Thursday, March 03, 2005


A few months ago, Ewan, Nini, and I went to see the Royal Botanical Gardens at Godavri. It was a nice day out. It had been quite a while since we'd left Kathmandu, and the air and calm up there was nice. The ride home wasn't so hot. It was in a minivan with twenty people in it, mostly loud teenage girls. The hell van was driven by a 15 year old, completely out of control. Sometimes he veered off the asphalt onto the dirt shoulder. But all in all, it was a good time, and I think the driver succeeded in impressing the girls. Some memorable pictures really captured the extent of beauty available at the gardens.

This Tuesday, we headed back to Godavri. But this time, we didn't visit the government-run botanical gardens, we went to ICIMOD - the International Centre for Integrated Mountain Development. It's an INGO, with the stated goal of developing technology for the rural poor in mountainous terrain. We're told the money comes from the Germans, so that's probably why things are done right. The place was beautiful. It blew the government botanical gardens out of the water.

There were plots of nitrogen-fixing plantings, breeds of enormous goats that make 3 liters of milk per day, bunnies whose angora fur (the shaving kind, not the killing kind) can support a family, slope-farming techniques, and much more. They had plots of fruits they're breeding for Nepali village economies - like citrus, kiwi, and passion fruit. The citrus stuff is only applicable for below 2000 meters, we were told. They had demonstrations of water pumping concepts, and efficient charcoal briquetting. All in all, a wild place. The office is in the middle of a forest in the hills, so between that and its stated goals, it made me think of the Rocky Mountain Institute for the developing world.

EcoSystem's human-powered generator is coming along. We went up to KC's today with the Chinese-made gearhead motor that we had delivered to our bosses' hotel in Bangkok. It's a complete circus getting stuff shipped to Kathmandu. Shipping DHL from Quingdao to Bangkok, then hand-couriering to Kathmandu ended up saving everyone a lot of hassle and money. The motor has the name 'Linix' die-cast into it. Incidently, there are cough drops named Unix in Nepal - it's as if people name things after cool English words. Maybe Linix and Unix mean something in Mandarin and Nepali, respectively, and I'm just projecting. Probably not.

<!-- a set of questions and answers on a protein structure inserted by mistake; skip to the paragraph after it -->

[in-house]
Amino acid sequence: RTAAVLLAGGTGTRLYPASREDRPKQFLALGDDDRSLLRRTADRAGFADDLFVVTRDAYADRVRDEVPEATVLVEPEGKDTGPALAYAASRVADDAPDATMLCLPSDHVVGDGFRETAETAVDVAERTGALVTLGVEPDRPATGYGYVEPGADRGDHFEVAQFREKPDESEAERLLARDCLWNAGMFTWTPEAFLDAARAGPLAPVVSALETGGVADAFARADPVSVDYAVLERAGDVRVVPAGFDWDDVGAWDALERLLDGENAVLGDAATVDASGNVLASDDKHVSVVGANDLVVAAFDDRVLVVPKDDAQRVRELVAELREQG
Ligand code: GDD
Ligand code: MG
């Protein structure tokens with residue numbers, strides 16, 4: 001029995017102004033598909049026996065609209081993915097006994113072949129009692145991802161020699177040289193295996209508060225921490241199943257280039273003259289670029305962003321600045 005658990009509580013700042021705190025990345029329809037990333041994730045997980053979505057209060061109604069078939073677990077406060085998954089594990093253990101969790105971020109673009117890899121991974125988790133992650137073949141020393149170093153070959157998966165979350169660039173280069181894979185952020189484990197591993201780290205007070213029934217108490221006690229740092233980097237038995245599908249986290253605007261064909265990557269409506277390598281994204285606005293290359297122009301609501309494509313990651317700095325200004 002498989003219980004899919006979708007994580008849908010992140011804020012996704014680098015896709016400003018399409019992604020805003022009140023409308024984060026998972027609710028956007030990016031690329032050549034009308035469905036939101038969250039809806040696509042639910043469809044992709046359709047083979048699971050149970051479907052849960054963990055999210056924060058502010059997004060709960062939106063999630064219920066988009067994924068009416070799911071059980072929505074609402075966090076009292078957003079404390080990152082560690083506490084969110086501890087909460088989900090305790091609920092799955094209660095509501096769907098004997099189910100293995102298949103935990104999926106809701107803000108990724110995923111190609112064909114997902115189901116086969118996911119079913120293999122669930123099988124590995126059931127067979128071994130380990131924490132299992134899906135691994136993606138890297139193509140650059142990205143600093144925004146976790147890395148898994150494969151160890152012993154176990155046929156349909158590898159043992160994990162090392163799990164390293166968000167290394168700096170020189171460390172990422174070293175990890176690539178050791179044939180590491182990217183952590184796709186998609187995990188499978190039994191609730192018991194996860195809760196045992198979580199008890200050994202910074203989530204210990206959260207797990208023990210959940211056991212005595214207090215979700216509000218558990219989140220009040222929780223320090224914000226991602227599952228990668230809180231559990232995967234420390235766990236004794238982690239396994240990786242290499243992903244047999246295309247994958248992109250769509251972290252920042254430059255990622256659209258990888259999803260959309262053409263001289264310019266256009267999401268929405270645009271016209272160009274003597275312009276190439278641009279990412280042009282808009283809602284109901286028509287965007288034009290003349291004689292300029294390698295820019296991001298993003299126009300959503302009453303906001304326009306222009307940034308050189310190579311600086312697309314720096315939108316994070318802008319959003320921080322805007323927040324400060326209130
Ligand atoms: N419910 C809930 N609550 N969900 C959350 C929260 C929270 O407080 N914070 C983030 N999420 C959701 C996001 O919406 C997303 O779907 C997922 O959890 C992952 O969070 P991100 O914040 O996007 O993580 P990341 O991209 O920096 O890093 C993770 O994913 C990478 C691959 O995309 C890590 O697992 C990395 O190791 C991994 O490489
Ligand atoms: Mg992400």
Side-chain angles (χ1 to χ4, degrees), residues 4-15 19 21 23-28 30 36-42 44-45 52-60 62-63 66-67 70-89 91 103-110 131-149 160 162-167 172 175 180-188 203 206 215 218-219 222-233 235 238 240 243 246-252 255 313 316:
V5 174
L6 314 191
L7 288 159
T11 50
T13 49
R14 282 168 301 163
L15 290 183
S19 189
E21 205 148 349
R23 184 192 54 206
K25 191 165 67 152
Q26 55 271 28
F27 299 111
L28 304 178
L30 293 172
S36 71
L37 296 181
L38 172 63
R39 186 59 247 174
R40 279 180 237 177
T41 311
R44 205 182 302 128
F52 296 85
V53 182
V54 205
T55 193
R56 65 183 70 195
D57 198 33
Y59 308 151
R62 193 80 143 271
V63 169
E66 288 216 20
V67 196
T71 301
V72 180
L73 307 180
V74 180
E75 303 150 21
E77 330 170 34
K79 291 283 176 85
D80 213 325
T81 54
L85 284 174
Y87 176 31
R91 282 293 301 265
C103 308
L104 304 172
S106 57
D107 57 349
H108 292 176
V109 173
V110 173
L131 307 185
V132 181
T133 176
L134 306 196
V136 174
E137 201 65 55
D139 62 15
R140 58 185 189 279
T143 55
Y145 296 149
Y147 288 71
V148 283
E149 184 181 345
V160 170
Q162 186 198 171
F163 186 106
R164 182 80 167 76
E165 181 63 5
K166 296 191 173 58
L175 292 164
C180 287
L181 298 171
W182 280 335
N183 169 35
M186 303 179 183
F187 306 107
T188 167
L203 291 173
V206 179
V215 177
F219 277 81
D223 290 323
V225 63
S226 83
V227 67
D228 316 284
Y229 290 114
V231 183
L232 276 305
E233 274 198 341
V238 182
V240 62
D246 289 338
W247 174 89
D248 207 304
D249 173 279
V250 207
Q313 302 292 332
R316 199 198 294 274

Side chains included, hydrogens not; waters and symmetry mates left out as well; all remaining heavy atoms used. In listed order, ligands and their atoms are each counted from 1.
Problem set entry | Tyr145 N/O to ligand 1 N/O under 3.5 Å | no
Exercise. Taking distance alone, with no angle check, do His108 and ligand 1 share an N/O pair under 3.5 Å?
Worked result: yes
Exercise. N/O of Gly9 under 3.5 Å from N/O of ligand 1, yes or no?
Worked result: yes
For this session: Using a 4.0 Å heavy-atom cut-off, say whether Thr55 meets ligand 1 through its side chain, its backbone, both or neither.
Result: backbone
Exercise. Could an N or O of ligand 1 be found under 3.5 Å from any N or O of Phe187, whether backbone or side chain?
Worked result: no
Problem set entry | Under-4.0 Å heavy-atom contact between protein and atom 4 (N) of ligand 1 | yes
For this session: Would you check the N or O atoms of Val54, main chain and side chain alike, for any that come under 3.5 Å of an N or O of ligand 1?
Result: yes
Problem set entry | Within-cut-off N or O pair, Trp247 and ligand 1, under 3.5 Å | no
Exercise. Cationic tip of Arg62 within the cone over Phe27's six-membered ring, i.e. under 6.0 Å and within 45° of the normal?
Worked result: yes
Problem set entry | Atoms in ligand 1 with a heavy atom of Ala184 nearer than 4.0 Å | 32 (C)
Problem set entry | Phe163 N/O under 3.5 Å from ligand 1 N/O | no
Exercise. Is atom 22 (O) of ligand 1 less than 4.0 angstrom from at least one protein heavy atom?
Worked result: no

That funny naming thing reminds me of when a friend of mine worked in Russia, and his company wanted to rename themselves to sound less Russian and more international. Their current name was perfectly descriptive of their line of work, but it was just too Russian. The buddy of mine was the only native-English-speaker at the company, and they wanted to know what he thought about the name they'd arrived at: Flextera. He recounted this story to me that evening. I was sitting there, kind of leaning over the table listening. He paused and looked at me after he said the name they'd worked so hard to arrive at, Flextera. I said, 'sounds like a company that makes cheap modems'. He said, 'exactly'. The point is, these English-ish names foreign companies come up with - more often than not - make no sense.

KC really liked the DC motor and the way it was supposed to fit in with the human-powered generator. He also really liked the bike chain ring and western-standard chainring bolts we'd brought to put on the motor. He got a little concerned about the pitch on the bolts though - they were those hex-wrench kind of bolts that go with a sleeve to make up a sex bolt on nice bikes' chain sets. He said he couldn't get a tap for it in Nepal - so he'll make one. They machine carbon steel all the time at his place, and they make enough gears on their horizontal mill to know how to make a helical groove. Making taps - you gotta love that kind of initiative.


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